Friday 2d. Exercised between 5 & 7 on horse back.
About one oclock, official accounts of the safety of Major Doughty (who was sent on important business to the Chiccasaw and Choctaw Nations of Indians) were received; together with the detail of his proceedings to the Country of the former, and the misfortune that attended him in ascending the River Tenessee to the intended place of meeting the Chicasaws, by the Treachery of a Banditti composed of Cherokees, Shawanese & Creek Indians who to the Number of 40 in 4 Canoes (Doughty’s party consisting of no more than 15 Soldiers) under colour of a white flag, & professions of friendship rose, fired upon, & killed five & wounded Six more of his men; obliging him (when within Six miles of Ochappo the place of Rendezvous) to retreat down the Tennessee & which he was able to effect by his gallant behaviour & good conduct; notwithstanding the superior force of the enemy & a pursuit of 4 hours and attempts to board the Barge in wch. he was. But being too weak to ascend the Ohio after he had entered it he was induced to follow the Currt. into the Missisippi & thence down the same to a Spanish post A [ ] de grass about [ ] Miles below the Mouth of the Ohio where he was treated with great kindness & Civility by Monsr. [ ] the Commandant. He contrived after this to see the Piemingo & other head Men of the Chicasaw Nation with whom he did the business he was sent on nearly as well as if he had got to Occhappo the place of his destination as will appear by his detail transmitted to the Secretary at War.
Received from the Committee of Enrollment two Acts—One “For giving effect to an Act entitled ‘An Act providing for the enumeration of the Inhabitants of the United States’ in respect to the State of Rhode Island & Providence Plantations”—The other “An Act to authorize the purchase of a tract of Land for the use of the United States.”
Much company of both Sexes to visit Mrs. Washington this Evening.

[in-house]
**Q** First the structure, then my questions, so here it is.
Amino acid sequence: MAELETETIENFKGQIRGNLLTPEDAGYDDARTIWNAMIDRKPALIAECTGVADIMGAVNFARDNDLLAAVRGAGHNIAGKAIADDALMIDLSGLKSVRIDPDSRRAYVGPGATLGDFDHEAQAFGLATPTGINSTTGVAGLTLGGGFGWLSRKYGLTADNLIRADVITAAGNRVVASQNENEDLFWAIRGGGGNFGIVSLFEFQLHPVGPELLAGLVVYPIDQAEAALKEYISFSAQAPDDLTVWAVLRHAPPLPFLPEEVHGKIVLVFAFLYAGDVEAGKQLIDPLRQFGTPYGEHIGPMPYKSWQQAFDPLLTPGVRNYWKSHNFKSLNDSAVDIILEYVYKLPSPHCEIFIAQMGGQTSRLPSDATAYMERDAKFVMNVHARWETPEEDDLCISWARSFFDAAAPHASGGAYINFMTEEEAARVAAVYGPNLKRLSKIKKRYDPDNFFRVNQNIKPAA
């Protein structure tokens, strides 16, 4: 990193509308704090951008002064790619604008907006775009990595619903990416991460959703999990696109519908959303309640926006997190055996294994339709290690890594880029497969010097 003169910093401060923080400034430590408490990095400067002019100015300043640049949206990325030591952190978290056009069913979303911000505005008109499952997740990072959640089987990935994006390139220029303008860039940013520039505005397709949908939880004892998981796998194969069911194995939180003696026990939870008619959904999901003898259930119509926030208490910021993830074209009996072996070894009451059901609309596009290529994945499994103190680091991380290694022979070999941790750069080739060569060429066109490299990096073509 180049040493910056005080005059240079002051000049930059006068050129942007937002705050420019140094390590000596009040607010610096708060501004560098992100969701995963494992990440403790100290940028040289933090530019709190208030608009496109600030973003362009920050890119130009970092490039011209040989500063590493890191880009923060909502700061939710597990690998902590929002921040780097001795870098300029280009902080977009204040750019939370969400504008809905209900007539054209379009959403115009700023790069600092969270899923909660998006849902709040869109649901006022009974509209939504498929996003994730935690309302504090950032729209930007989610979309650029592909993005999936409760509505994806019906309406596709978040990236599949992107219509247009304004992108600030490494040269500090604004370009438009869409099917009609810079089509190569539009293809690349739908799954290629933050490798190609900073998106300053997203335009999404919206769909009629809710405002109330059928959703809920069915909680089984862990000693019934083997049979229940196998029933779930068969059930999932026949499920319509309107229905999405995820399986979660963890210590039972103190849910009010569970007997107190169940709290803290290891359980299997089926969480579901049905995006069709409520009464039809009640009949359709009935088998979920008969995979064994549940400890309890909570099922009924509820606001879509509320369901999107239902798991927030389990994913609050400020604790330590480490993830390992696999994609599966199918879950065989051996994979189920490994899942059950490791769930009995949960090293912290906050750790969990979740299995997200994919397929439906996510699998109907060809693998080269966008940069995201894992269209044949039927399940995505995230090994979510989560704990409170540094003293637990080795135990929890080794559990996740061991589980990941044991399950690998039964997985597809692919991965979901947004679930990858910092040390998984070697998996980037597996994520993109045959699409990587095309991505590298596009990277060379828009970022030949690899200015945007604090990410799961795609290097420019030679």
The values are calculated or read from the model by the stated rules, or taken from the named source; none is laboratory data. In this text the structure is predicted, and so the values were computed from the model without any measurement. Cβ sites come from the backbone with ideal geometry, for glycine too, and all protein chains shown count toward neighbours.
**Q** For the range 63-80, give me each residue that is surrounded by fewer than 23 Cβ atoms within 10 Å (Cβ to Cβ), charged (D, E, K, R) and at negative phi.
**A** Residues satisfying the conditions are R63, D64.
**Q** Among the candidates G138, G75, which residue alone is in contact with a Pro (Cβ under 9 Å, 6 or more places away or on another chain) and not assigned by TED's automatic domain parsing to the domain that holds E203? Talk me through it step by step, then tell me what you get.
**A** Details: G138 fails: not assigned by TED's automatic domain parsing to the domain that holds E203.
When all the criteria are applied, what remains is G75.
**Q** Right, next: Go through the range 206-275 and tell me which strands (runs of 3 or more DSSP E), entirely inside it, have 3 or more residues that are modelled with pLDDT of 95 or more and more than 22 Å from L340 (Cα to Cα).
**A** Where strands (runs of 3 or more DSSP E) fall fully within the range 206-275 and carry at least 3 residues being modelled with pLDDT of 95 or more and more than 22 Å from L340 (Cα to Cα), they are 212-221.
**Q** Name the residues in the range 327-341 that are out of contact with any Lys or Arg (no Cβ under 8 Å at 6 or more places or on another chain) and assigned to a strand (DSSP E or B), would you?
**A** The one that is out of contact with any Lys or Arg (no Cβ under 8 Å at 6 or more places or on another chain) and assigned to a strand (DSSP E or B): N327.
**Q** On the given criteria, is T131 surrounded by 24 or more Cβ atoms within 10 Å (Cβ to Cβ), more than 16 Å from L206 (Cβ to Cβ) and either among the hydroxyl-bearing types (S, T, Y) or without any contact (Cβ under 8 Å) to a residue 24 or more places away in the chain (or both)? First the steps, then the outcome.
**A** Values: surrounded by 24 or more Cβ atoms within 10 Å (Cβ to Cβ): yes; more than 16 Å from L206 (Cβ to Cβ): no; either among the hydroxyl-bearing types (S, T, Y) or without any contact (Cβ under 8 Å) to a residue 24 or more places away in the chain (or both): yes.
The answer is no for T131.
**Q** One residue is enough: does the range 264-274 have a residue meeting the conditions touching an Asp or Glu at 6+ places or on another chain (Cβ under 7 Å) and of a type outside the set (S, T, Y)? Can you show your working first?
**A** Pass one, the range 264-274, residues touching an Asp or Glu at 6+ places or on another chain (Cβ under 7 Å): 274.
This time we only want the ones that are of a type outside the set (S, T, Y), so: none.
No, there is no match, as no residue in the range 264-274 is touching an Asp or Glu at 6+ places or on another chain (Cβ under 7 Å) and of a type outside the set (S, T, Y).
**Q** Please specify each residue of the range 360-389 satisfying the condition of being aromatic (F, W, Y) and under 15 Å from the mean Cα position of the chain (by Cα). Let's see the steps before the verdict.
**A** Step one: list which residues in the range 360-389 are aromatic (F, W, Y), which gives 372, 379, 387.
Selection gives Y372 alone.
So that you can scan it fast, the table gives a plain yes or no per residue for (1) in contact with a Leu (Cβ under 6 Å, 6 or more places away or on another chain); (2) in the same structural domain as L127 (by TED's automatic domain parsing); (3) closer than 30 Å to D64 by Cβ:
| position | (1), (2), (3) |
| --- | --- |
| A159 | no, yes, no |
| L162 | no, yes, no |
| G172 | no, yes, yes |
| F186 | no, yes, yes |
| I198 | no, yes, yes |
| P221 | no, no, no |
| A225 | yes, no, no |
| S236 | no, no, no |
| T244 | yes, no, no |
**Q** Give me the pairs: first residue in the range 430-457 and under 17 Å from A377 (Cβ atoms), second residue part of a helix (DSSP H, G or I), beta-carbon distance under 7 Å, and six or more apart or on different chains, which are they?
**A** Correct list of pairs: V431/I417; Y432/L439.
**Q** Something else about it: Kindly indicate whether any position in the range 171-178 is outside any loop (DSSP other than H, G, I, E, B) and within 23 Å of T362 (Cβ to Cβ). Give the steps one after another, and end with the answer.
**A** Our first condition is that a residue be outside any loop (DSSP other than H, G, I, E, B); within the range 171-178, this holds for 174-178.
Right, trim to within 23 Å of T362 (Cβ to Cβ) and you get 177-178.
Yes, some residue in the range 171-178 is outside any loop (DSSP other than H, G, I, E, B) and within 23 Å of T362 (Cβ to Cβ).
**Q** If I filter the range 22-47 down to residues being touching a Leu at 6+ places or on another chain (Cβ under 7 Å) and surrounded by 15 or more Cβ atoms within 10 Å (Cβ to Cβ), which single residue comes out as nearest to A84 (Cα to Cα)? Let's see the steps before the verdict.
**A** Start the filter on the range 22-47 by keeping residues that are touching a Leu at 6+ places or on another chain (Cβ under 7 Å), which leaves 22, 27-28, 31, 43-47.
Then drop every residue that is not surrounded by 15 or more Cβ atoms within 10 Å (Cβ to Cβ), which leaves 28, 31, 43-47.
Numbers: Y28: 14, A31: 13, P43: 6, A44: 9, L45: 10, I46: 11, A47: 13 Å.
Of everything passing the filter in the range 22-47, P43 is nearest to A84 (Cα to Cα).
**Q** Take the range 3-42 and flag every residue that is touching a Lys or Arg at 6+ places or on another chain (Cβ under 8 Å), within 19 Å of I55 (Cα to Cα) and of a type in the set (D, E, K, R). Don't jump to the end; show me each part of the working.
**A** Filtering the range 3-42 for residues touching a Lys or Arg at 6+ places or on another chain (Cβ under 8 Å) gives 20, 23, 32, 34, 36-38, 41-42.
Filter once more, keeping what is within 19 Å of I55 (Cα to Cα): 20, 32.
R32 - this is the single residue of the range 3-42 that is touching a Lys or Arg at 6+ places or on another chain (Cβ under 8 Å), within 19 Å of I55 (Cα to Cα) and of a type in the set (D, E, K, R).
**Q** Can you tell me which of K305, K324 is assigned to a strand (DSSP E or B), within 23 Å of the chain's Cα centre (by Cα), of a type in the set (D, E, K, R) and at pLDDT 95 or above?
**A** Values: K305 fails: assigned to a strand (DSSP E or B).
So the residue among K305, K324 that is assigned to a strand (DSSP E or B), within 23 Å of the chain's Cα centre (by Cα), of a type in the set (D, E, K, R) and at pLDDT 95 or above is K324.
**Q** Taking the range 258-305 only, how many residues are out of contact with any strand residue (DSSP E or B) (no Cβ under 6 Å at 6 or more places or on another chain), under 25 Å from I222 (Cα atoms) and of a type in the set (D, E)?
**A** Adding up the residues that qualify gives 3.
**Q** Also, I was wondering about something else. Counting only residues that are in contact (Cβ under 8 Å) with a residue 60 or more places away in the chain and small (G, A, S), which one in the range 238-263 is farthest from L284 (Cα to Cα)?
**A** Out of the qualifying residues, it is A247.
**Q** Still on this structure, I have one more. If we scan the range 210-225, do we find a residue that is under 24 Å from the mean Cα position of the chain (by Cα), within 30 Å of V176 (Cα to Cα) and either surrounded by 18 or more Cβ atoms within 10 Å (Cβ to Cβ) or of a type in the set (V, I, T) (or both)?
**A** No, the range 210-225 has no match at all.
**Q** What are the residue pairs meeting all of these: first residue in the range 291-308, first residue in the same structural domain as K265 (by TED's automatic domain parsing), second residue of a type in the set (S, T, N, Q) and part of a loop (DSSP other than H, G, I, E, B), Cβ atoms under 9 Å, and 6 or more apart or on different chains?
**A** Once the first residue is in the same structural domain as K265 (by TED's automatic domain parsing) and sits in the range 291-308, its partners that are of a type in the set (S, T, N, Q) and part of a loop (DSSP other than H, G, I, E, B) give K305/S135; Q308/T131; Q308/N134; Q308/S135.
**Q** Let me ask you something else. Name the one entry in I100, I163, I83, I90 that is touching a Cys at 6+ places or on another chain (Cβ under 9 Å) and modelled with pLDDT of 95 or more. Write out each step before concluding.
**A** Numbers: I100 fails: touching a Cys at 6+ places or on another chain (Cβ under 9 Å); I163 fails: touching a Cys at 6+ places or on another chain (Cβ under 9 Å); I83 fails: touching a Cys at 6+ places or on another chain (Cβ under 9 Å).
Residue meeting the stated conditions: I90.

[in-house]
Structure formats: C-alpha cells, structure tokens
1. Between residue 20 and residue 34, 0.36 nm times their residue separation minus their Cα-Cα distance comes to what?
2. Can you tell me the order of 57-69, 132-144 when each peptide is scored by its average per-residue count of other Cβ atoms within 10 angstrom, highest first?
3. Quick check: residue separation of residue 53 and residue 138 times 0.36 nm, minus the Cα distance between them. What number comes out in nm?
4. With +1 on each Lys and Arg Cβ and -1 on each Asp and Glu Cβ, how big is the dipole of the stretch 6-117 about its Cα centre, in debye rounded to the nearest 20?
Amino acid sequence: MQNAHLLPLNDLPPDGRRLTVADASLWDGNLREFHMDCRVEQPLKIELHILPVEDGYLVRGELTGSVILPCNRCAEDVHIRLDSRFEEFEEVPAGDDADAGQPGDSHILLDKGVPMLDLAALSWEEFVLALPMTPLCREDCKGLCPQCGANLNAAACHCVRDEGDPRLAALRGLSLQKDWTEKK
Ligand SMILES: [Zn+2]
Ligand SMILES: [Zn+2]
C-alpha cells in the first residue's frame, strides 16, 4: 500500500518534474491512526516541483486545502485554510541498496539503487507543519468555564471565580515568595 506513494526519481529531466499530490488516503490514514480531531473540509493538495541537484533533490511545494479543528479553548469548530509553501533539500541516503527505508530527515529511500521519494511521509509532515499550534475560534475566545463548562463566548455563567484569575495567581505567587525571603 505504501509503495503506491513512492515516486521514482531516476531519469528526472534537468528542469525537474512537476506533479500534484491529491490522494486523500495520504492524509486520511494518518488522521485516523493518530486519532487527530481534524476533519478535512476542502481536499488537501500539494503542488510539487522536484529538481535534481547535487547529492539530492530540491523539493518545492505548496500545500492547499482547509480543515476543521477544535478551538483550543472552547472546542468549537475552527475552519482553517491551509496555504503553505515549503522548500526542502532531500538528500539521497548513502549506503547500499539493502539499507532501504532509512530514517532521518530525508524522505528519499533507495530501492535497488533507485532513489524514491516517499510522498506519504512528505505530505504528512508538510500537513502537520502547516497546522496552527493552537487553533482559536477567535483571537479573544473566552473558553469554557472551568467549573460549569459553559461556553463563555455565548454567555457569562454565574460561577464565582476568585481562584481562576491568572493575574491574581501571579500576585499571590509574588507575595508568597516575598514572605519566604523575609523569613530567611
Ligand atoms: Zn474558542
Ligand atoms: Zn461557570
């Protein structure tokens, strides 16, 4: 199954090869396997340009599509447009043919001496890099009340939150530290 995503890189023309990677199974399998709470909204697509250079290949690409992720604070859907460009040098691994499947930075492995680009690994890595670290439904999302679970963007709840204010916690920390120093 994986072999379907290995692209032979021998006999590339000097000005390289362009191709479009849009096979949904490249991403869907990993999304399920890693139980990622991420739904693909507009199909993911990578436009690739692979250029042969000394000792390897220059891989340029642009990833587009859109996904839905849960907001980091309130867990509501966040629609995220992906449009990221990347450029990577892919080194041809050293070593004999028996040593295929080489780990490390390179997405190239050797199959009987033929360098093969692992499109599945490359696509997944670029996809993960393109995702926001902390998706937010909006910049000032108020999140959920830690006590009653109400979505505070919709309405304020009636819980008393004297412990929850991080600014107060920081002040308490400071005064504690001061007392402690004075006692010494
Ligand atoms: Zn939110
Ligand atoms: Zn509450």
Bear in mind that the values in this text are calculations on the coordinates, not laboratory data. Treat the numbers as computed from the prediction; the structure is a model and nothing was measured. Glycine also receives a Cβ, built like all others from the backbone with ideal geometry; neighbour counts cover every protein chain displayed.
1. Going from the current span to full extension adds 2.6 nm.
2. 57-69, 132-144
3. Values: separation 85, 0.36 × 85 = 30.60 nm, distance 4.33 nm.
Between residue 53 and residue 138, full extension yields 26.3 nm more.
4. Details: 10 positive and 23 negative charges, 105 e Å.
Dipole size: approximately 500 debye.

John Doughty (1757–1826) served in the Revolution as aide-de-camp to Maj. Gen. Philip Schuyler and as a captain in the artillery. He was brevetted major 30 Sept. 1783. In 1789 he was appointed with the same rank to the artillery. He helped in the design and construction of Forts Harmar and Washington. He was sent by Knox in early 1790 to carry guarantees of American friendship to the Chickasaw (GW to Chiefs and Warriors of the Chickasaw, 30 Dec. 1790, DLC:GW). His report to Knox on his mission, 7 April 1790, is in MiU-C: Harmar Papers. Henry Knox’s account of Doughty’s misfortunes agrees substantially with that in GW’s diary (see Knox’s “Causes of the existing Hostilities between the United States, and certain Tribes of Indians North-West of the Ohio,” 26 Jan. 1792, in CARTER  description begins Clarence Edwin Carter et al., eds. The Territorial Papers of the United States. 27 vols. Washington, D.C., 1934–69. description ends , 2:364). The secretary of war had earlier mentioned the attack in his “Summary statement of the situation of the frontiers,” 27 May 1790 (DLC:GW). The incident occurred on 22 Mar., and on 25 Mar. Doughty wrote to Maj. John P. Wyllys, describing the attack: “We fought them four hours, and then escaped in this distressed situation. I found it impossible to ascend the Ohio, or, after I reached the Mississippi, to ascend it. My wounded men were in so distressed a situation as to require immediate assistance. The only resource left me was to come to this place, where I have met with every civility” (ST. CLAIR PAPERS description begins William Henry Smith, ed. The St. Clair Papers. The Life and Public Services of Arthur St. Clair: Soldier of the Revolutionary War; President of the Continental Congress; and Governor of the North-Western Territory with his Correspondence and other Papers. 2 vols. Cincinnati, 1882. description ends , 2:134). The commandant of Ansa á la grasa or Anse à la graisse (New Madrid), to which Doughty and the surviving members of his party had fled, was Pedro Foucher (NASATIR description begins Abraham P. Nasatir. Spanish War Vessels on the Mississippi, 1792-1796. New Haven, and London, 1968. description ends , 285, n.1; THORNBROUGH description begins Gayle Thornbrough, ed. Outpost on the Wabash, 1787–1791: Letters of Brigadier General Josiah Harmar and Major John Francis Hamtramck and other letters and documents from the Harmar Papers in the William L. Clements Library. Indianapolis, 1957. In Indiana Historical Society Publications, vol.19. description ends , 231, n.2). Piomingo was a pro-American Chickasaw chief. occhappo: Occochappo (see entry for 26 Jan. 1790). acts: For the act providing for the census in Rhode Island, see 1 STAT. description begins Richard Peters, ed. The Public Statutes at Large of the United States of America, from the Organization of the Government in 1789, to March 3, 1845 . . .. 8 vols. Boston, 1845-67. description ends 129 (5 July 1790). The second act cited by GW authorized him to purchase for the federal government “the whole or such part of that tract of land situate in the state of New York, commonly called West Point, as shall be by him judged requisite for the purpose of such fortifications and garrisons as may be necessary for the defence of the same” (1 STAT. description begins Richard Peters, ed. The Public Statutes at Large of the United States of America, from the Organization of the Government in 1789, to March 3, 1845 . . .. 8 vols. Boston, 1845-67. description ends 129 [5 July 1790]).